Generative theory has long sought to analyze Control structures, questioning whether the complement clause contains a syntactically projected thematic subject, whether such an argument undergoes displacement and, if so, where and why, and what role semantics may play. This book follows this tradition, critically examining paradigms erroneously assumed to favor PRO analyses over Movement and implicit argument accounts and offering novel data amenable to analysis only within a PRO approach – although one radically different from its predecessors in both form and interpretation.
Silverman, Willa Z. The New Bibliopolis French Book Collectors and the Culture of Print, 1880-1914. Toronto [Ont.: U of Toronto, 2008.
Winner of the 2008 Aldo and Jeanne Scaglione Prize in French and Francophone Studies from the Modern Language Association.
The late-nineteenth century in Europe was a period of profound political, social, and technological change. One result of these changes was the rise in France of an upper-bourgeois bohemian class. Many of its members stimulated interest in unique forms of artistic expression such as illustrated books. On account of their influence, an atmosphere of intense bibliophilic activity came to define French culture at the turn of the century. The New Bibliopolis explores the role of amateurs in promoting the book arts in France during this period.
Vuillemin, Jean-Claude. Epistémè baroque: le mot et la chose. Paris: Hermann, coll. "Savoirs Lettres", 2013
Consubstantiel à l’émergence de la science moderne et caractéristique du pli d’une civilisation en crise, l'herméneutique du Baroque que propose J.-Cl. Vuillemin à partir d’une lecture foucaldienne de la première modernité relève moins de l’esthétique que du philosophique. Dans cette perspective, l'adage Sapere aude, i.e. “Osez savoir”, s'avère moins emblématique des Lumières, comme l’affirme Kant corroboré par Foucault, qu’il constitue plus légitimement la devise de l’épistémè baroque dont cet ouvrage propose une nouvelle généalogie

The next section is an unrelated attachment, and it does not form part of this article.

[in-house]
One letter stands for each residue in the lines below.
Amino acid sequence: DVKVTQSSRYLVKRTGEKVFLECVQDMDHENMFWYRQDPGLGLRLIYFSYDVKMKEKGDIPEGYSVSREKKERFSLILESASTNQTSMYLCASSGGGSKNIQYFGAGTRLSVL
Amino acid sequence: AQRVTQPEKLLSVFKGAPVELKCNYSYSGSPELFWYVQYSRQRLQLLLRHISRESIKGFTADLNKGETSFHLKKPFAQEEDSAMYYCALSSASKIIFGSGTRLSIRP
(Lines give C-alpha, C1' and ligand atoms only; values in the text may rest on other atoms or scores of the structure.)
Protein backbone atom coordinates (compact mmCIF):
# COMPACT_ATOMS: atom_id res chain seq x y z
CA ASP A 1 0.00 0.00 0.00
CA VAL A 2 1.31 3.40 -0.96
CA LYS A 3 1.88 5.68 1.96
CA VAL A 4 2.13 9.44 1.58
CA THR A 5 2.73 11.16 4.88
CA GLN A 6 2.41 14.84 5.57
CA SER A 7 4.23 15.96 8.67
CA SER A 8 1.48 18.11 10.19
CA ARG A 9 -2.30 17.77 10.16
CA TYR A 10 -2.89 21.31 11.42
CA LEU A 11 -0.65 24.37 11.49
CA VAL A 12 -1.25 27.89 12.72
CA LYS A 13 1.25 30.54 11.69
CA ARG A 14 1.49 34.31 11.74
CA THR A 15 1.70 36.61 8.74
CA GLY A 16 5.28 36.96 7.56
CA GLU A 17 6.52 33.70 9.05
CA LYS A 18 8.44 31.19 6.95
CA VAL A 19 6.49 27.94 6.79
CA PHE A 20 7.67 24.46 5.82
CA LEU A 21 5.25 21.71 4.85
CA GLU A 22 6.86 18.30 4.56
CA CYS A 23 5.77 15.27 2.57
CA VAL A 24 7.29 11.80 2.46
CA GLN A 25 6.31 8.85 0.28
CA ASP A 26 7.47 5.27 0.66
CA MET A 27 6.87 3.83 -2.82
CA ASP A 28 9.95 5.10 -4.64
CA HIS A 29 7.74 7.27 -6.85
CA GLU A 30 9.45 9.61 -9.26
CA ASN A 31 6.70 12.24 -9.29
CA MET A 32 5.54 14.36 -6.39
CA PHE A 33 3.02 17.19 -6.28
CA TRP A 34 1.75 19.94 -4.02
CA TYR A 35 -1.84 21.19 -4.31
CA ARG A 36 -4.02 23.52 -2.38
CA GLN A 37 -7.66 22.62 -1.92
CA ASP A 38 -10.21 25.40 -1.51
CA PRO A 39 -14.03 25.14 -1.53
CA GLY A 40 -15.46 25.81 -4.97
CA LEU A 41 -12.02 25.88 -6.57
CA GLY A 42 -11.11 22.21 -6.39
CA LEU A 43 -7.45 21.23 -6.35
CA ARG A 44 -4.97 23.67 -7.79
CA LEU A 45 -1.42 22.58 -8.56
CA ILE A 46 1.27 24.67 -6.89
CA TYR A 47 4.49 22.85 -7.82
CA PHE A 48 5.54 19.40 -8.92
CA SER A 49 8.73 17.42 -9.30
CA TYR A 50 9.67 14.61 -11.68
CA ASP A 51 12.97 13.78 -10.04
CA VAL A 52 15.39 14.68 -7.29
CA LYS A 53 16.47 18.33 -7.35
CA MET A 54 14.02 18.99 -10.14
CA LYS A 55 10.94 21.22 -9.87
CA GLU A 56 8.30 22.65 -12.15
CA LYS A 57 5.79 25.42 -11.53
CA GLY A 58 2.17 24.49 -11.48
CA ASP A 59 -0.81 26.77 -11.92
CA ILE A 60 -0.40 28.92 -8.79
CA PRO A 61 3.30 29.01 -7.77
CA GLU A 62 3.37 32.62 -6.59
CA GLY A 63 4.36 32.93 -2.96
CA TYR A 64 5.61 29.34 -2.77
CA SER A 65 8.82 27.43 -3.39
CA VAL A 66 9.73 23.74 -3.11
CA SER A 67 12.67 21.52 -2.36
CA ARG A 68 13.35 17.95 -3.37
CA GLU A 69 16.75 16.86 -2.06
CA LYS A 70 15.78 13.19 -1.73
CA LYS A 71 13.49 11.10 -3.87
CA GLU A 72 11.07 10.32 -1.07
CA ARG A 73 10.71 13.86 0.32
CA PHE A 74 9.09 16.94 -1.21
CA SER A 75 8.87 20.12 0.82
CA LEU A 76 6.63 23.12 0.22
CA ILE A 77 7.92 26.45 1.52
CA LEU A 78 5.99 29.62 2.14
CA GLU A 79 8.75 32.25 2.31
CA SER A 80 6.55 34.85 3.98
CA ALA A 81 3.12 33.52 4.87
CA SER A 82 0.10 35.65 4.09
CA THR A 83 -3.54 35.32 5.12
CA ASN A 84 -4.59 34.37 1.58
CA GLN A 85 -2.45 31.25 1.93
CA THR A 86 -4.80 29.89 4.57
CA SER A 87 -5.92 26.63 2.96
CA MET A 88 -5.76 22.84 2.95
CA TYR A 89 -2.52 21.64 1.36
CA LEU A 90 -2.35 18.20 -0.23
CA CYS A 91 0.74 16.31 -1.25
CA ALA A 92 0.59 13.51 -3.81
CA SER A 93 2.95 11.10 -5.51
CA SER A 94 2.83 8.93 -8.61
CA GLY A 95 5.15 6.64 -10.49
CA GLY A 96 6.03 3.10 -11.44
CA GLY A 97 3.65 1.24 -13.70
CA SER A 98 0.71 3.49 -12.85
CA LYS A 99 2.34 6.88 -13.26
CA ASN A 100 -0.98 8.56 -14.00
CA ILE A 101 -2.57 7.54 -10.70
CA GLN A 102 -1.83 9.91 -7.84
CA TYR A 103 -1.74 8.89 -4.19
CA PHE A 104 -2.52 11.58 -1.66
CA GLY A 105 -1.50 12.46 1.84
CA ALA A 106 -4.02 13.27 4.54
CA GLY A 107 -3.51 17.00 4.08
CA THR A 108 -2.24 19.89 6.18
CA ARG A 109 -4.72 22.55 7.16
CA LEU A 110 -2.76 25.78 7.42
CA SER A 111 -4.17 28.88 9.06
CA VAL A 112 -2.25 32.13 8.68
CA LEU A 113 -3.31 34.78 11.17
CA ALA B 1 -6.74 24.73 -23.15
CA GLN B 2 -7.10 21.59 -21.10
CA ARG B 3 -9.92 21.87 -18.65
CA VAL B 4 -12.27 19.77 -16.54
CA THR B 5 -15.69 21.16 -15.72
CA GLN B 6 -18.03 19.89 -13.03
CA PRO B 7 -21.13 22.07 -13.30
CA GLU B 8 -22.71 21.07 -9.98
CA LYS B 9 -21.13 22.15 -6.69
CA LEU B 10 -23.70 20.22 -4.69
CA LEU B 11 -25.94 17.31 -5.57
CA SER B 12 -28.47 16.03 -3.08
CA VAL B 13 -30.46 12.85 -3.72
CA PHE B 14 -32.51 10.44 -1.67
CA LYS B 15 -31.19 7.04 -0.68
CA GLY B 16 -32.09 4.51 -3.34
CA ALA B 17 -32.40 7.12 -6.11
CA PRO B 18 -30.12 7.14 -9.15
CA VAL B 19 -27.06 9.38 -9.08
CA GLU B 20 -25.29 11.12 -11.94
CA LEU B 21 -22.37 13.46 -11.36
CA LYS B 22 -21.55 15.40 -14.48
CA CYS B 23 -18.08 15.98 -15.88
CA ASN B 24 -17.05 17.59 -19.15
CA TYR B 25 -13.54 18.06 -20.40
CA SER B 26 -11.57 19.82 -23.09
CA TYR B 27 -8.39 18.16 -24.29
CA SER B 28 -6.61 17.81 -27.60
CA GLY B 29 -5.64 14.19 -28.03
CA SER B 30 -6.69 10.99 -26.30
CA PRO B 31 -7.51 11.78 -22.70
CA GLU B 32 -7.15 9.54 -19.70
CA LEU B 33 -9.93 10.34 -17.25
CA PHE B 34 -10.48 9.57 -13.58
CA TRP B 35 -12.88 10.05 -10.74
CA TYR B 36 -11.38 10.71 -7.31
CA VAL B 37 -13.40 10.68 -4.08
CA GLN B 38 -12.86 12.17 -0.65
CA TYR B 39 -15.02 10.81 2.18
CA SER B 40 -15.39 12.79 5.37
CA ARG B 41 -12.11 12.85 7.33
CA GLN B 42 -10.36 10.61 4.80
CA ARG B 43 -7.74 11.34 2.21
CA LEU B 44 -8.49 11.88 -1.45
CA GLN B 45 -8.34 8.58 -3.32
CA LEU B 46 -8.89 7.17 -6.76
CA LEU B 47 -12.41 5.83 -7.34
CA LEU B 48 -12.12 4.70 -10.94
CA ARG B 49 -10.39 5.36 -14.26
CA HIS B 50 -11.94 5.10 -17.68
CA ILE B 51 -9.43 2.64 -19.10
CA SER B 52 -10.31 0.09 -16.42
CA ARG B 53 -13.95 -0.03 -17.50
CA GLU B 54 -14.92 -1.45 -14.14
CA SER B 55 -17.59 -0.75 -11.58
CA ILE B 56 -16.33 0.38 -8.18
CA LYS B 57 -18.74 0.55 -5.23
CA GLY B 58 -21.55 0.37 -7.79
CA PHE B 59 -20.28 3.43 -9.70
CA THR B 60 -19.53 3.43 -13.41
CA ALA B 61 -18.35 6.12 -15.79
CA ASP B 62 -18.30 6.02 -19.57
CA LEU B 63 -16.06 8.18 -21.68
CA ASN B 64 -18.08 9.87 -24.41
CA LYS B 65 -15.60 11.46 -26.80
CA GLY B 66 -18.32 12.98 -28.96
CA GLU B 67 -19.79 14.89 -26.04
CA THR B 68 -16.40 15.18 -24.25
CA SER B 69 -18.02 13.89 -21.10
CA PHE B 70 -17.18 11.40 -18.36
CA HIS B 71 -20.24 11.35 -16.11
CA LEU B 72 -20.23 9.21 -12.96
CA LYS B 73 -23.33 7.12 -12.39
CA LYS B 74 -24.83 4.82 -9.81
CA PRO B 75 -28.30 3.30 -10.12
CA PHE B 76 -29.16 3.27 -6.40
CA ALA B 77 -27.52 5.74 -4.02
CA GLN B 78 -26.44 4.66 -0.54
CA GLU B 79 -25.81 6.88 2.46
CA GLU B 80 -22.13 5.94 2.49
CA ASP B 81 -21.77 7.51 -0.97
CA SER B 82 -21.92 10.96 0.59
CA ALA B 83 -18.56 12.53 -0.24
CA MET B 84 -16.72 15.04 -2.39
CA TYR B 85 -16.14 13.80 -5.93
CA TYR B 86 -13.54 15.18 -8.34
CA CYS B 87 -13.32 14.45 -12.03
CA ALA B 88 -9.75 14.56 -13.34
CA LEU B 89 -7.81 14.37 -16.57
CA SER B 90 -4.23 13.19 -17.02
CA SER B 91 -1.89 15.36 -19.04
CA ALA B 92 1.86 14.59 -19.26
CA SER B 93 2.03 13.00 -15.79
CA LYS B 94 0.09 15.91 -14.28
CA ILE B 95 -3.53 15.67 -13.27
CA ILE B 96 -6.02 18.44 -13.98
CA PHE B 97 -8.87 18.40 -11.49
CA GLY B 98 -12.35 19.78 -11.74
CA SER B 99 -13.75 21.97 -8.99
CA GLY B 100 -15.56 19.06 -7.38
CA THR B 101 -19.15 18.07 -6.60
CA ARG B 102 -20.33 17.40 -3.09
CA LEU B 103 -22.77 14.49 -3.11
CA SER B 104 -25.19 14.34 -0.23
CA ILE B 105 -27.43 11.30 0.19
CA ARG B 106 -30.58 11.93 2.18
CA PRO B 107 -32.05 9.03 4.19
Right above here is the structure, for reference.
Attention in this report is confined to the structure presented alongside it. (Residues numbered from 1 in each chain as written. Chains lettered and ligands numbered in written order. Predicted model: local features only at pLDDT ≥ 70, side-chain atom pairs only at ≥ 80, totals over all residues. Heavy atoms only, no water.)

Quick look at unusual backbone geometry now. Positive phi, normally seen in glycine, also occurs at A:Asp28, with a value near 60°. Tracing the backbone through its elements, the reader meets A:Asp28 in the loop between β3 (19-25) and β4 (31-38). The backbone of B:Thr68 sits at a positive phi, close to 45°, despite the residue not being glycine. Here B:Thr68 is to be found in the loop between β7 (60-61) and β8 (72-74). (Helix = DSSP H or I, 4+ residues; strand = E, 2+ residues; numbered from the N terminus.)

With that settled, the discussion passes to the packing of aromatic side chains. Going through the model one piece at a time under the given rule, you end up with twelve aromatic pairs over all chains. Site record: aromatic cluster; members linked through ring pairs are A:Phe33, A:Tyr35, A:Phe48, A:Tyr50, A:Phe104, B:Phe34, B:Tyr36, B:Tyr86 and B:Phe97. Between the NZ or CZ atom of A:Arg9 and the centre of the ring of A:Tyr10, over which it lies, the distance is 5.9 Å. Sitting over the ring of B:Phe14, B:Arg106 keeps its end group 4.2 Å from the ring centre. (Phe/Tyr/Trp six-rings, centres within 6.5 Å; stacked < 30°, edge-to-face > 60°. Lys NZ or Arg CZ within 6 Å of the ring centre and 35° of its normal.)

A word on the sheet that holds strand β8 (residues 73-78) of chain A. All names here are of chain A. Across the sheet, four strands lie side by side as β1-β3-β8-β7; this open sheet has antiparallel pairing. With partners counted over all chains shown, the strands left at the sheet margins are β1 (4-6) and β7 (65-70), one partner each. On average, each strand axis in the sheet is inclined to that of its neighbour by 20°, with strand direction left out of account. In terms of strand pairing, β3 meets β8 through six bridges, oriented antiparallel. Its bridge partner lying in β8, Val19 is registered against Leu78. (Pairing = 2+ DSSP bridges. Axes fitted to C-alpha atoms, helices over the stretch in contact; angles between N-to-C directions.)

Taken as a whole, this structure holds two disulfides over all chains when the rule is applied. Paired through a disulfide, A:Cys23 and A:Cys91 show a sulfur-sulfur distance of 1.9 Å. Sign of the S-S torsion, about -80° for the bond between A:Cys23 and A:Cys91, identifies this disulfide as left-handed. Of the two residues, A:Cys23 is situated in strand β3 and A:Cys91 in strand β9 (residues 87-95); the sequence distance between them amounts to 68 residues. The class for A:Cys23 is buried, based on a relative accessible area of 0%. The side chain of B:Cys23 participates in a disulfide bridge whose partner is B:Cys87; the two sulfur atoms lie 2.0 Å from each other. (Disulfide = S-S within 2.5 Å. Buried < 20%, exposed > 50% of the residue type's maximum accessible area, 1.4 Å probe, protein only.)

Berg, Robert J., and Heather McCoy. Parlons Affaires!: Initiation Au Français Economique Et Commercial. Revised/Expanded ed, 2013.
In-depth and adaptable, PARLONS AFFAIRES! is a comprehensive resource for the Business French course. Through coverage of traditional business topics, as well as career practices, communication skills, and cultural concepts particular to French businesses, students will acquire valuable vocabulary and insights that will improve their understanding of the French and Canadian business worlds.
Authier, J.-Marc. "Phase-Edge Features and the Syntax of Polarity Particles." Linguistic Inquiry: 345-89. 2013.
In this article, I argue that the phase edge in the C field shares features via Agree with an intermediate layer (FinP) and with a lower projection (ΣP), allowing it to determine the type of clause and its polarity. I adopt a feature-sharing relation of Agree that connects all of the polarity features present on heads (be they Σ, Fin, and, in some cases, VFoc) to a polarity feature in Force, the relevant phase-edge position for clausal typing. This explains, among other things, why embedded clauses containing a polarity feature can only satisfy the selectional properties of a particular class of (matrix) verbs.
Grossman, Kathryn M. The Later Novels of Victor Hugo: Variations on the Politics and Poetics of Transcendence. Oxford: Oxford UP, 2012.